12-13. Written formative and summative coursework of varying length and type, from short source exercises to essays of up to 3000 words each; unseen timed examinations; collaborative and/or individual research projects

14. Written formative and summative coursework of varying length and type, from short source exercises to essays of up to 3000 words each; unseen timed examinations;

15-16. Written formative and summative coursework of varying length and type, from short source exercises to essays of up to 3000 words each; unseen timed examinations; collaborative and/or individual research projects

17. collaborative and/or individual research projects

18. Written formative and summative coursework of varying length and type, from short source exercises to essays of up to 3000 words each; unseen timed examinations; collaborative research projects

19-21. Written formative and summative coursework of varying length and type, from short source exercises to essays of up to 3000 words each; unseen timed examinations; collaborative and/or individual research projects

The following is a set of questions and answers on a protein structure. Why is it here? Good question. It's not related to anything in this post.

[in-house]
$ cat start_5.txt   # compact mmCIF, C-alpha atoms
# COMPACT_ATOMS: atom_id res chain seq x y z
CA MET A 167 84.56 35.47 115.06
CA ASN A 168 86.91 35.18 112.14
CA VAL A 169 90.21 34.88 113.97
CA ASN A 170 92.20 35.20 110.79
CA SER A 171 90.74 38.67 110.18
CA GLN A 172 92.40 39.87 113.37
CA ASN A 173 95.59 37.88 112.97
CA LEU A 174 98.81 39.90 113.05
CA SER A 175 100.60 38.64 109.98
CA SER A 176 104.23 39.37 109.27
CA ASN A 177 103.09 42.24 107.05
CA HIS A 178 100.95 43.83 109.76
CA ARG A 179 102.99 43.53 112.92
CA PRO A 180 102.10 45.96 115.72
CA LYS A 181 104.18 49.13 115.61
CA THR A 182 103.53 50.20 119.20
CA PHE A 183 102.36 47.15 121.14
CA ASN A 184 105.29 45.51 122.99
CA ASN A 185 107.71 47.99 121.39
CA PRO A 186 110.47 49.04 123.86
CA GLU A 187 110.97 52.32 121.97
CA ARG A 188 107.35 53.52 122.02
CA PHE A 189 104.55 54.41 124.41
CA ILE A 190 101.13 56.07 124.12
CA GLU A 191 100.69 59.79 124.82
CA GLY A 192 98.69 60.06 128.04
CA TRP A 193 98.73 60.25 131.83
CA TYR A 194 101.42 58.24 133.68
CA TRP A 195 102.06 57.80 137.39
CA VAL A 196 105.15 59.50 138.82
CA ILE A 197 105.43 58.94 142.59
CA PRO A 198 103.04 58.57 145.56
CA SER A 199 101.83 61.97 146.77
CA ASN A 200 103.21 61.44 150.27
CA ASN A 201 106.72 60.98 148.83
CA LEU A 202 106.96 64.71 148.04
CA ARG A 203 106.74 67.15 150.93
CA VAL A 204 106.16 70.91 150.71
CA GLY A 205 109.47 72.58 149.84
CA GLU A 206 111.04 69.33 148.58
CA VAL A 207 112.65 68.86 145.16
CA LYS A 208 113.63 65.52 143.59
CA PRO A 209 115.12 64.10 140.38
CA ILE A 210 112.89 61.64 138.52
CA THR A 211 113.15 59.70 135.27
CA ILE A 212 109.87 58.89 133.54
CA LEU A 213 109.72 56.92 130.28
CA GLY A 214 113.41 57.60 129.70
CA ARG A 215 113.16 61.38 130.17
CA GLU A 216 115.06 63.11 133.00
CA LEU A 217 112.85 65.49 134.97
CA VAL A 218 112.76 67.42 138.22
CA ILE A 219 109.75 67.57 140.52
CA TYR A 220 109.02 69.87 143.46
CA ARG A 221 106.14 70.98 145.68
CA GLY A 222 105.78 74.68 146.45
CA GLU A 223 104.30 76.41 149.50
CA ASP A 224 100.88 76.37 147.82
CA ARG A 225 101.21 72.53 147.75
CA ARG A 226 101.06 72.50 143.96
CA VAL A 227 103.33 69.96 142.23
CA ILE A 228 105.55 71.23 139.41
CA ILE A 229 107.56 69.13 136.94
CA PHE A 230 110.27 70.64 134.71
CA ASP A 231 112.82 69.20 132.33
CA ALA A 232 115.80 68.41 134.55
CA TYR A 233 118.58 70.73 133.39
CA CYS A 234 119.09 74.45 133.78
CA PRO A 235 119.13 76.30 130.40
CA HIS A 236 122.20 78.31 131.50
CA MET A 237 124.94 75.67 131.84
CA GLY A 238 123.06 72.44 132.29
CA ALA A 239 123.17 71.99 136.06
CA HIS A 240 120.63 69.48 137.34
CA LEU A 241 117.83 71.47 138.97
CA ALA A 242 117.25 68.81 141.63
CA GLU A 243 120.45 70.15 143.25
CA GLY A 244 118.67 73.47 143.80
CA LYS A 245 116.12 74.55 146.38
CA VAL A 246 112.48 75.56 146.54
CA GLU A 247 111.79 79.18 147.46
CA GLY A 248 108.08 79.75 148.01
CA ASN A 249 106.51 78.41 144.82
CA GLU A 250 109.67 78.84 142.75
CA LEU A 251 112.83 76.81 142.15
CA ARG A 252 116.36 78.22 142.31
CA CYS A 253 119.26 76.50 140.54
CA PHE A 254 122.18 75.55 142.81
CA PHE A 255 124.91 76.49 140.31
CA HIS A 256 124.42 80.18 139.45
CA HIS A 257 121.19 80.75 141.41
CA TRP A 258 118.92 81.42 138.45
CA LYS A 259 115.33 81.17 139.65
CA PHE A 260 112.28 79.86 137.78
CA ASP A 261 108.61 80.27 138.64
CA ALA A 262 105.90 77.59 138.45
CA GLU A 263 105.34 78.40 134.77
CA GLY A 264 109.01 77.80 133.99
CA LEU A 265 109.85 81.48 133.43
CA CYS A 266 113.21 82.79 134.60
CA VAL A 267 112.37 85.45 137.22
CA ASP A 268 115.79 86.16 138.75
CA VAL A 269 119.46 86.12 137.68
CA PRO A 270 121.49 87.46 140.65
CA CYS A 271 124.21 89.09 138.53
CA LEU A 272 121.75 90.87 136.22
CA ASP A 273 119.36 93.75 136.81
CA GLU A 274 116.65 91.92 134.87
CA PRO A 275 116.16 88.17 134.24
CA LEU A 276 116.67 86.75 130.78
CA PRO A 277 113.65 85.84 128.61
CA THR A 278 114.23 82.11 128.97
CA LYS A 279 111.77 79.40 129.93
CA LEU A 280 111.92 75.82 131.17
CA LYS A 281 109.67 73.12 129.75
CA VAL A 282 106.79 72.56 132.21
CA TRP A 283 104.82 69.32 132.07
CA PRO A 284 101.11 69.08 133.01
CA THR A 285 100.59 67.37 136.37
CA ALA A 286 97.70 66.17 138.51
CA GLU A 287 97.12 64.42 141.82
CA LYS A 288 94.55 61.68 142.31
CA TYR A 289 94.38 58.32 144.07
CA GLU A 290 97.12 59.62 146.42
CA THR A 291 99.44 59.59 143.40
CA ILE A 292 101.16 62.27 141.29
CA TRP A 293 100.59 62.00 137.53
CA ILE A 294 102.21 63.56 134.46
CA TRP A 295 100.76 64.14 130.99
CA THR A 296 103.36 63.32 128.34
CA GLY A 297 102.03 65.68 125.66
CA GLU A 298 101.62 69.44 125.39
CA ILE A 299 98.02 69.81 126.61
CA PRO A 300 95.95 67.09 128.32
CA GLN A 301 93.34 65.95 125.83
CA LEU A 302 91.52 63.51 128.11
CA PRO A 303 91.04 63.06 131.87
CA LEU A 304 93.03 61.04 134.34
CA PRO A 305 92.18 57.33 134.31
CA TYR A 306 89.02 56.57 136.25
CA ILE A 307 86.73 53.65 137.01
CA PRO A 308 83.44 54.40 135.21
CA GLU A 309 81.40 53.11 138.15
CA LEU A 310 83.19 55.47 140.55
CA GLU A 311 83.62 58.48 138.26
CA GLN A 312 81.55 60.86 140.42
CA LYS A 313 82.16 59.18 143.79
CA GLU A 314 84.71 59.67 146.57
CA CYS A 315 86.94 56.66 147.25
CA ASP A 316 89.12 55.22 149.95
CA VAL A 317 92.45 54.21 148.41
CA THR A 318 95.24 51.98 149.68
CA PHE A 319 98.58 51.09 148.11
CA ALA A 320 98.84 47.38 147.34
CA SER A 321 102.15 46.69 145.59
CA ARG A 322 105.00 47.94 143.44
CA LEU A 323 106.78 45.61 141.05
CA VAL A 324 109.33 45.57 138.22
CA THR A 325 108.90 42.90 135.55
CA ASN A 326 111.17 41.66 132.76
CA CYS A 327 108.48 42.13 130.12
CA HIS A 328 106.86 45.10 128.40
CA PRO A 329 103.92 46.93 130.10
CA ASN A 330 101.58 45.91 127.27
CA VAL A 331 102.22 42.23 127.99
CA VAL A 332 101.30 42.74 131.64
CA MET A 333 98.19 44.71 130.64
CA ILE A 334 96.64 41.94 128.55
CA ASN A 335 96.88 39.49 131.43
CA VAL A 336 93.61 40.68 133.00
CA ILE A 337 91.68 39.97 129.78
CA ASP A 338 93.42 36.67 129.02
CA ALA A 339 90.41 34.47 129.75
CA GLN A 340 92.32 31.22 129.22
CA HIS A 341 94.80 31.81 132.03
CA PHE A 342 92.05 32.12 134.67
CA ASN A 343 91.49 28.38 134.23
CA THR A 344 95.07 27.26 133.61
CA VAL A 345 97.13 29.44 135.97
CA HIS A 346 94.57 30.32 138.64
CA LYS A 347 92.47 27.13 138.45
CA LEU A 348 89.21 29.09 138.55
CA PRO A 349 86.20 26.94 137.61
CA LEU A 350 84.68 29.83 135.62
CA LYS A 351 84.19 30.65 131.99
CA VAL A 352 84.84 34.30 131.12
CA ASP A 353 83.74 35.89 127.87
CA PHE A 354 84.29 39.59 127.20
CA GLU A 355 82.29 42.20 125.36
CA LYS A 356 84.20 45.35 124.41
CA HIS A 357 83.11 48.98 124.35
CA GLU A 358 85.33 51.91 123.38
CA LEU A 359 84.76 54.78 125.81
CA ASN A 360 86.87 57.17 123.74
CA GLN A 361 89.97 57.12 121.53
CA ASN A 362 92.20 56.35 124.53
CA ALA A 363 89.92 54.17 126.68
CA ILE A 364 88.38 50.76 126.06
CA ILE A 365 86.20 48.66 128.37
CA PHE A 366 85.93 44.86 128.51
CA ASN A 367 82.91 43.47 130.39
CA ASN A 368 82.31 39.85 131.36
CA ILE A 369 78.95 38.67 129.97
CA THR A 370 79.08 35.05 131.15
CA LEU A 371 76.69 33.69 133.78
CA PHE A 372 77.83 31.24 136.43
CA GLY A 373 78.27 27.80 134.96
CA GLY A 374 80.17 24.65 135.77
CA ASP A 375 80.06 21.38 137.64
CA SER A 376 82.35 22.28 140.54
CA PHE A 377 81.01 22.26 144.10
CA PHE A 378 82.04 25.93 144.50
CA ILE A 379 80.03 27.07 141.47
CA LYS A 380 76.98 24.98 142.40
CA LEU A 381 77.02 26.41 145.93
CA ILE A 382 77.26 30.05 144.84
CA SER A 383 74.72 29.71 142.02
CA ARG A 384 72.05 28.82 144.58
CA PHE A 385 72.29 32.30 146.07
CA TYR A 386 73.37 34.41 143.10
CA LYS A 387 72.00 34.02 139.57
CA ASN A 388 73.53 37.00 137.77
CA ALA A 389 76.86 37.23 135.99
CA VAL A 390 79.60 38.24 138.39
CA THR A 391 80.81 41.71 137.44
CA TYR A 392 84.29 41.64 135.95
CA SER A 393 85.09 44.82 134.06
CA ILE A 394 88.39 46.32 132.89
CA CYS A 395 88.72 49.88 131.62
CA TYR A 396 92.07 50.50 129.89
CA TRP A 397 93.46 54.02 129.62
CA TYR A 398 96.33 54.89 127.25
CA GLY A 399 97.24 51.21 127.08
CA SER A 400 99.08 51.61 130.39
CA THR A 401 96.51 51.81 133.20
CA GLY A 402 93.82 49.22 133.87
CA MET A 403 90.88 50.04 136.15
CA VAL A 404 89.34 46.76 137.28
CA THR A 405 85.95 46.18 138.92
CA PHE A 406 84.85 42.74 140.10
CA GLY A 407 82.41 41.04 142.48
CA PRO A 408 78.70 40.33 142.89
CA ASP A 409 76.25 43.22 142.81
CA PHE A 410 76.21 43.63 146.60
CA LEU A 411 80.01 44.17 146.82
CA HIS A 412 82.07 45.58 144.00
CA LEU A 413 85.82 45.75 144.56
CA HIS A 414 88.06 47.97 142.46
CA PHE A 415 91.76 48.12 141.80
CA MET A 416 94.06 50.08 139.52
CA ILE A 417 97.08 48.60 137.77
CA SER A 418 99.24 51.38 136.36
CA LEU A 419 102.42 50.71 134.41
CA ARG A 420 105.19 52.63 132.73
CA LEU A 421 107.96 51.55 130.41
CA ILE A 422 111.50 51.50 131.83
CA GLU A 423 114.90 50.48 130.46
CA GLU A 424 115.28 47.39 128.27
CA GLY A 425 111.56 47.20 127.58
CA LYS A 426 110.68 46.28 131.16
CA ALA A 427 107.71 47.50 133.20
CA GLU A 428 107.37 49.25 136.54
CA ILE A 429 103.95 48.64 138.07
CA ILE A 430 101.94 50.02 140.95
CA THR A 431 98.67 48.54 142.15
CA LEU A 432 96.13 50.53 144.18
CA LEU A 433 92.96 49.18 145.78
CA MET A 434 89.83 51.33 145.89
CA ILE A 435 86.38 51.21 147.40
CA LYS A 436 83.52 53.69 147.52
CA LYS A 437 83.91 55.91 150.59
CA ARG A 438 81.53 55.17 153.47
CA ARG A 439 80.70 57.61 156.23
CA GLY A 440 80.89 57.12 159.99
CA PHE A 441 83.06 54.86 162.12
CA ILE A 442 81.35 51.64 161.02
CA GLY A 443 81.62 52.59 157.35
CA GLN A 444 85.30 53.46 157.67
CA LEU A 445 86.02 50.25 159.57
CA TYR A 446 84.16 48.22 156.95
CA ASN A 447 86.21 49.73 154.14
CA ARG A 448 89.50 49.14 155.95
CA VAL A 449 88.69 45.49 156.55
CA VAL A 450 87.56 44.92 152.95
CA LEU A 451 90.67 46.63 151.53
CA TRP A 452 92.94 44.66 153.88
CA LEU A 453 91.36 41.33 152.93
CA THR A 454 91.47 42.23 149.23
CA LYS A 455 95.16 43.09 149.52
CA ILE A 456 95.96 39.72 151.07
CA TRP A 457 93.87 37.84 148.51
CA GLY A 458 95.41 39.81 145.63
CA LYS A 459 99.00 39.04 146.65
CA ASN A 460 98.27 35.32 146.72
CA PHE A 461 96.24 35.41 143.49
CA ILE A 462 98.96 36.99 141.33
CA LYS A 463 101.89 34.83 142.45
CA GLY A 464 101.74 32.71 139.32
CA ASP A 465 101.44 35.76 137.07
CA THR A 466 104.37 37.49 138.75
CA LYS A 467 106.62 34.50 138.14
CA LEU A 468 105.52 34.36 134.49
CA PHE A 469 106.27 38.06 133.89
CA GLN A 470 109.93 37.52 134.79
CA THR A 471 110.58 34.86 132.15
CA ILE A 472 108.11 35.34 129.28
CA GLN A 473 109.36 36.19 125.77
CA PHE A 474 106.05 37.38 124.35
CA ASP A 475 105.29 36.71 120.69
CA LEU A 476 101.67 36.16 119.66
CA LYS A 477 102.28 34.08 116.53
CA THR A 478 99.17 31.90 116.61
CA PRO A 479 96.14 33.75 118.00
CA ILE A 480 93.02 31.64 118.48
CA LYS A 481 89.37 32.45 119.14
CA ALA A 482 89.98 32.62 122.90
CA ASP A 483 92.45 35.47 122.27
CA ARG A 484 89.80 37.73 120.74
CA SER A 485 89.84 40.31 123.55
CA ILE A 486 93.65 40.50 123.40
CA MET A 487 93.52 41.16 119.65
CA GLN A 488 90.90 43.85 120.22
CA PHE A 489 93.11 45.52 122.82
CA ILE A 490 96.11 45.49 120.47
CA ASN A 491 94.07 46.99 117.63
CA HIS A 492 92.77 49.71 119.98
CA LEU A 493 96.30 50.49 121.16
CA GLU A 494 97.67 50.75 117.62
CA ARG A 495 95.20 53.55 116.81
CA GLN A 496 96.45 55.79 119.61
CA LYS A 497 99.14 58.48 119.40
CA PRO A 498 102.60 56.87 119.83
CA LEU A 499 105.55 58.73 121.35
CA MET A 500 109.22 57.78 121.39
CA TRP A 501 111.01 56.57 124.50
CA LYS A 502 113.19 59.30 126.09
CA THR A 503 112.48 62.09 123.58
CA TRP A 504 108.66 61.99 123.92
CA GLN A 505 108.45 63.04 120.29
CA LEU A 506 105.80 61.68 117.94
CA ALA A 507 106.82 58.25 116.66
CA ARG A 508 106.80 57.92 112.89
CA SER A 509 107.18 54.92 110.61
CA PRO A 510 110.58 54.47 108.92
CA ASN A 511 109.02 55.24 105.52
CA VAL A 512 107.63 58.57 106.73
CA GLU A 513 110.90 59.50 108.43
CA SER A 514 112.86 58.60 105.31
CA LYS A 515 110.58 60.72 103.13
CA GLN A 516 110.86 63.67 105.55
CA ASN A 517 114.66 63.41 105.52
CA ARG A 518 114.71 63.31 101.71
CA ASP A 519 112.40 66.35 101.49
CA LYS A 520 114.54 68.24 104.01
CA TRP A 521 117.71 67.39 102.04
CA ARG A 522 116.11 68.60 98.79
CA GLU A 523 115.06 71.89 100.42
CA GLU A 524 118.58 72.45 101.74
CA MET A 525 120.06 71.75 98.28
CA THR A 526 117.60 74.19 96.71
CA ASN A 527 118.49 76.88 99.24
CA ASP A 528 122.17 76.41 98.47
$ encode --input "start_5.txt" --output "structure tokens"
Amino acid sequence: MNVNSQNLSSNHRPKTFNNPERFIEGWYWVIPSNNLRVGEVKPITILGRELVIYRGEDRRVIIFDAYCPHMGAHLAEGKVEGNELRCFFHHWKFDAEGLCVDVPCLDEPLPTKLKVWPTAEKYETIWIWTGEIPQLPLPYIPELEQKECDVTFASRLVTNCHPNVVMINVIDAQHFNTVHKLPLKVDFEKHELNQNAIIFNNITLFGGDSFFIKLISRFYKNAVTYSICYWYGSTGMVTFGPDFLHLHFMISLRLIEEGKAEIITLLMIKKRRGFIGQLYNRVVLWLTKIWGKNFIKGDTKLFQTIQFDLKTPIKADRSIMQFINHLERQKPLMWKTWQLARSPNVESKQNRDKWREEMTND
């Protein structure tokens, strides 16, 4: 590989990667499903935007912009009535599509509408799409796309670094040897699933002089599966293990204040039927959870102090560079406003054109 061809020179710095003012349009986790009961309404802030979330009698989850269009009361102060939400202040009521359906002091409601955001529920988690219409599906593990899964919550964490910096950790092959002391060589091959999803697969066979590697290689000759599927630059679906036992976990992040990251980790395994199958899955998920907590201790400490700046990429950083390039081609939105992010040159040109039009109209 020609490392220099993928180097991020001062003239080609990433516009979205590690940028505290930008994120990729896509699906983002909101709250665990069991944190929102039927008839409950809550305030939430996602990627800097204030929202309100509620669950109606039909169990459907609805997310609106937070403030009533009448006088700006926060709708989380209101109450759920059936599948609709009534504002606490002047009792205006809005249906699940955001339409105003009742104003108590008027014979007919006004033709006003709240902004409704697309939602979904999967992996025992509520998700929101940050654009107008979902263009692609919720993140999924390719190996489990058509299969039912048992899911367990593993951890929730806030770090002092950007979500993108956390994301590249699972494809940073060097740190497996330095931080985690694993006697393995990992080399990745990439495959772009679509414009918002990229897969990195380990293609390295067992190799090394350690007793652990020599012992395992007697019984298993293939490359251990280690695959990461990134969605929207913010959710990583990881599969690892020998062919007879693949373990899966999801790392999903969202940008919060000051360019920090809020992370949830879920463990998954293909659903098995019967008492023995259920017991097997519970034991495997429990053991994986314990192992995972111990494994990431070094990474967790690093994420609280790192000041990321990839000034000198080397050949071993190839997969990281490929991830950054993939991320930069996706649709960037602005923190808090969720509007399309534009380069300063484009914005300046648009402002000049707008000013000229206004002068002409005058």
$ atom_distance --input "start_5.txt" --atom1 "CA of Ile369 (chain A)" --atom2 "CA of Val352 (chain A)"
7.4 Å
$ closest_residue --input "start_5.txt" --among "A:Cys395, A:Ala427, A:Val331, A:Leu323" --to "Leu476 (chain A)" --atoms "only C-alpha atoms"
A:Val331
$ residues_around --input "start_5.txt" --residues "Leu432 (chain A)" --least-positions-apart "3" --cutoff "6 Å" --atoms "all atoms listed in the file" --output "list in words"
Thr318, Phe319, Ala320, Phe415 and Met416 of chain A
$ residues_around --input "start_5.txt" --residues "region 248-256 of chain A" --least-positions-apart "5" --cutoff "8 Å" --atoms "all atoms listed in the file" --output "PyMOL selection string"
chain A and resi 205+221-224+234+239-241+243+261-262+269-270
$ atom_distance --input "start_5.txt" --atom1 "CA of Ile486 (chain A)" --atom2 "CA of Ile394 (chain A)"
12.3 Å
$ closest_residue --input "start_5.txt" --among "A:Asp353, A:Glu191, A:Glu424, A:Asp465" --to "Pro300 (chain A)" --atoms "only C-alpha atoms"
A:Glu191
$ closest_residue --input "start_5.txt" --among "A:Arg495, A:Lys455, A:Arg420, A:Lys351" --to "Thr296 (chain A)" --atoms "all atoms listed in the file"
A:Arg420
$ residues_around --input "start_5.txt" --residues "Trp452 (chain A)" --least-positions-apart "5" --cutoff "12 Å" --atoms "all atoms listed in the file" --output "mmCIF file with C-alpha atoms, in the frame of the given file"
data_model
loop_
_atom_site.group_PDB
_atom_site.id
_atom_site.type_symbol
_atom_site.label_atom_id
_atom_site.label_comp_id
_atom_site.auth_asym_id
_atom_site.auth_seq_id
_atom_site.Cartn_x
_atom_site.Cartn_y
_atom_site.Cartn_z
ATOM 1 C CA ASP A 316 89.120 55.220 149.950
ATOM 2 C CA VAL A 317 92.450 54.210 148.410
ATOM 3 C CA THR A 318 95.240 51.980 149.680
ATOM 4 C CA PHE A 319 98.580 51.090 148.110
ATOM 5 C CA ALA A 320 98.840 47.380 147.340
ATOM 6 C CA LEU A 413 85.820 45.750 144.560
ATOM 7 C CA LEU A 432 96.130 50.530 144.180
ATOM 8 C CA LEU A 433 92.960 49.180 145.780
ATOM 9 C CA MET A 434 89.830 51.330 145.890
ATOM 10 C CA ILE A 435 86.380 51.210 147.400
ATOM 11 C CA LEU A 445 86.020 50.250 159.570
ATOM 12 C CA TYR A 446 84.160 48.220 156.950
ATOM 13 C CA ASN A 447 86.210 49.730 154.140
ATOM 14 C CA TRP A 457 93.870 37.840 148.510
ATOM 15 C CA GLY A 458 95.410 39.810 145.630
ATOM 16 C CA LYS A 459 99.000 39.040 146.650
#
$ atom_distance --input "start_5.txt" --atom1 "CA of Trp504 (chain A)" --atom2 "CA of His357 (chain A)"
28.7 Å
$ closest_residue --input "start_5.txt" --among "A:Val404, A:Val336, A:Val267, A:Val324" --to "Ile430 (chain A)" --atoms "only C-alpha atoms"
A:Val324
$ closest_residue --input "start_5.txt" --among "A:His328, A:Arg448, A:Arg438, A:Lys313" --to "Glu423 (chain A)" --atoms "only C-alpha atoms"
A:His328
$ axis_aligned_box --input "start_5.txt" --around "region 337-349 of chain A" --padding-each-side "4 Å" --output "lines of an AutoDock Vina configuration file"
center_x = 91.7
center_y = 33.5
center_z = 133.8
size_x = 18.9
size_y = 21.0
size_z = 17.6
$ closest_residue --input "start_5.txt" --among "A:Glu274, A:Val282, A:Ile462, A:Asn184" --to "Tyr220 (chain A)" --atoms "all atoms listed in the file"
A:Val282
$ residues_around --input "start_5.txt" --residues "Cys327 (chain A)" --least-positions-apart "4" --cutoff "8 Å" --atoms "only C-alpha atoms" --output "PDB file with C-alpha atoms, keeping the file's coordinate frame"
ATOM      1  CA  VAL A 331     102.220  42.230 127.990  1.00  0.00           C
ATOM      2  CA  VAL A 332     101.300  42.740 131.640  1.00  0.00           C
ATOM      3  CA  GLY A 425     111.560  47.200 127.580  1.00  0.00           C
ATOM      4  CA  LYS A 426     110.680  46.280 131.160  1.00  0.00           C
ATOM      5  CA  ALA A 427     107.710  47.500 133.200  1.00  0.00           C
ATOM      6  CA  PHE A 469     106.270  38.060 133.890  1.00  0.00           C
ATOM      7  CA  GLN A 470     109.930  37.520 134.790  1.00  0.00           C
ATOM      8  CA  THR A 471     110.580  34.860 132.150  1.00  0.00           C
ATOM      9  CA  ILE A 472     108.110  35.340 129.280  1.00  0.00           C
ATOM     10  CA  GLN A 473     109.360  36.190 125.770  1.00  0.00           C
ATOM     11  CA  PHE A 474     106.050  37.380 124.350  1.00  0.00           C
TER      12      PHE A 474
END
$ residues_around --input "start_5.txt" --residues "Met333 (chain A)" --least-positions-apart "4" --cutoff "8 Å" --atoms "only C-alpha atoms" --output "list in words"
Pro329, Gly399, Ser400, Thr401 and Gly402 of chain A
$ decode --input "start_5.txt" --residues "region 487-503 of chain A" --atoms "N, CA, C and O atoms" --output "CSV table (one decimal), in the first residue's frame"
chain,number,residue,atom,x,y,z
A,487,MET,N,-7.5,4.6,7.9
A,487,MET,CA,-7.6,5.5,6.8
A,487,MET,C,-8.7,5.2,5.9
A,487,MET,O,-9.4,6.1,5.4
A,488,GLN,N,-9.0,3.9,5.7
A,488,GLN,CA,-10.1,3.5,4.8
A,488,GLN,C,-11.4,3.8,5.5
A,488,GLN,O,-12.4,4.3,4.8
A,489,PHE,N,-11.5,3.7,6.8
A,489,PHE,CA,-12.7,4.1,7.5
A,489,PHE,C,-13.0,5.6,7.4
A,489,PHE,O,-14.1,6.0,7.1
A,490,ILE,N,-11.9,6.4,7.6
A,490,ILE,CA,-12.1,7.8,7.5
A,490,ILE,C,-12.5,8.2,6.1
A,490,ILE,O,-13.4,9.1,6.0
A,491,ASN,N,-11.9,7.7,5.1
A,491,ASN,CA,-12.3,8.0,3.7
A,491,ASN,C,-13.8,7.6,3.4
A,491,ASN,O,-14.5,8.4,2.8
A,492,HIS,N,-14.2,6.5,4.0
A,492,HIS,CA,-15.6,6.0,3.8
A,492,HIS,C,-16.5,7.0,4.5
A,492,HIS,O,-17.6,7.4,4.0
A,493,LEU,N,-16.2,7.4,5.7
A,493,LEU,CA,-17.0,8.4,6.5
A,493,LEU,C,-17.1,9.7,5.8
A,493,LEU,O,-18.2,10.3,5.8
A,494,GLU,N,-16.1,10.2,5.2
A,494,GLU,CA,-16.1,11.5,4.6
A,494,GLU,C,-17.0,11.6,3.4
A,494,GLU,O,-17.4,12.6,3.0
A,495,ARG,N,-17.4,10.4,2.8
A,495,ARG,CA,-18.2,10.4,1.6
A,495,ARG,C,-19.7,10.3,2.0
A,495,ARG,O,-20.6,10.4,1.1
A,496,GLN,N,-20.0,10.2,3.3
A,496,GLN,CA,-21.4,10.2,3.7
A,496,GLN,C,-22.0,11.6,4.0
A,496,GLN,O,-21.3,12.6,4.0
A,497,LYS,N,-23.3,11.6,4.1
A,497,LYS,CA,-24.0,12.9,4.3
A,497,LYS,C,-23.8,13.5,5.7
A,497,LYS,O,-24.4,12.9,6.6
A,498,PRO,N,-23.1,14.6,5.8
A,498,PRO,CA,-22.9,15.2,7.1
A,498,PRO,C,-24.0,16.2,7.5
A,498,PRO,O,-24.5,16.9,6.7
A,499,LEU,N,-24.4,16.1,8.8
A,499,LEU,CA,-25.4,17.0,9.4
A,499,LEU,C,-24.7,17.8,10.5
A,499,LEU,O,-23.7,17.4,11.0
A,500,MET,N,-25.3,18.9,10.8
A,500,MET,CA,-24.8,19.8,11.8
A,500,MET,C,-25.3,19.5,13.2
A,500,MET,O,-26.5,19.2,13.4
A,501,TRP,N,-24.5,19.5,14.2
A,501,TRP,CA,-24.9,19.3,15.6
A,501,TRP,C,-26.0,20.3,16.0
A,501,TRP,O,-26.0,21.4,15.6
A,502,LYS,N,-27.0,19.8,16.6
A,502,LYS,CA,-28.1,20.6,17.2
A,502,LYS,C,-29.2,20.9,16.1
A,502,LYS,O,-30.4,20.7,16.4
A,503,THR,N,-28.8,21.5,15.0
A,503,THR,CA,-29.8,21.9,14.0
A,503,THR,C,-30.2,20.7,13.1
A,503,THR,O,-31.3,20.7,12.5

22. collaborative research projects

23. Written formative and summative coursework of varying length and type, from short source exercises to essays of up to 3000 words each; unseen timed examinations; collaborative research projects

24-25. Written formative and summative coursework of varying length and type, from short source exercises to essays of up to 3000 words each; unseen timed examinations; collaborative and/or individual research projects

26. Written formative and summative coursework of varying length and type, from short source exercises to essays of up to 3000 words each; unseen timed examinations;

27. collaborative research projects

28-29. Written formative and summative coursework of varying length and type, from short source exercises to essays of up to 3000 words each; unseen timed examinations; collaborative and/or individual research projects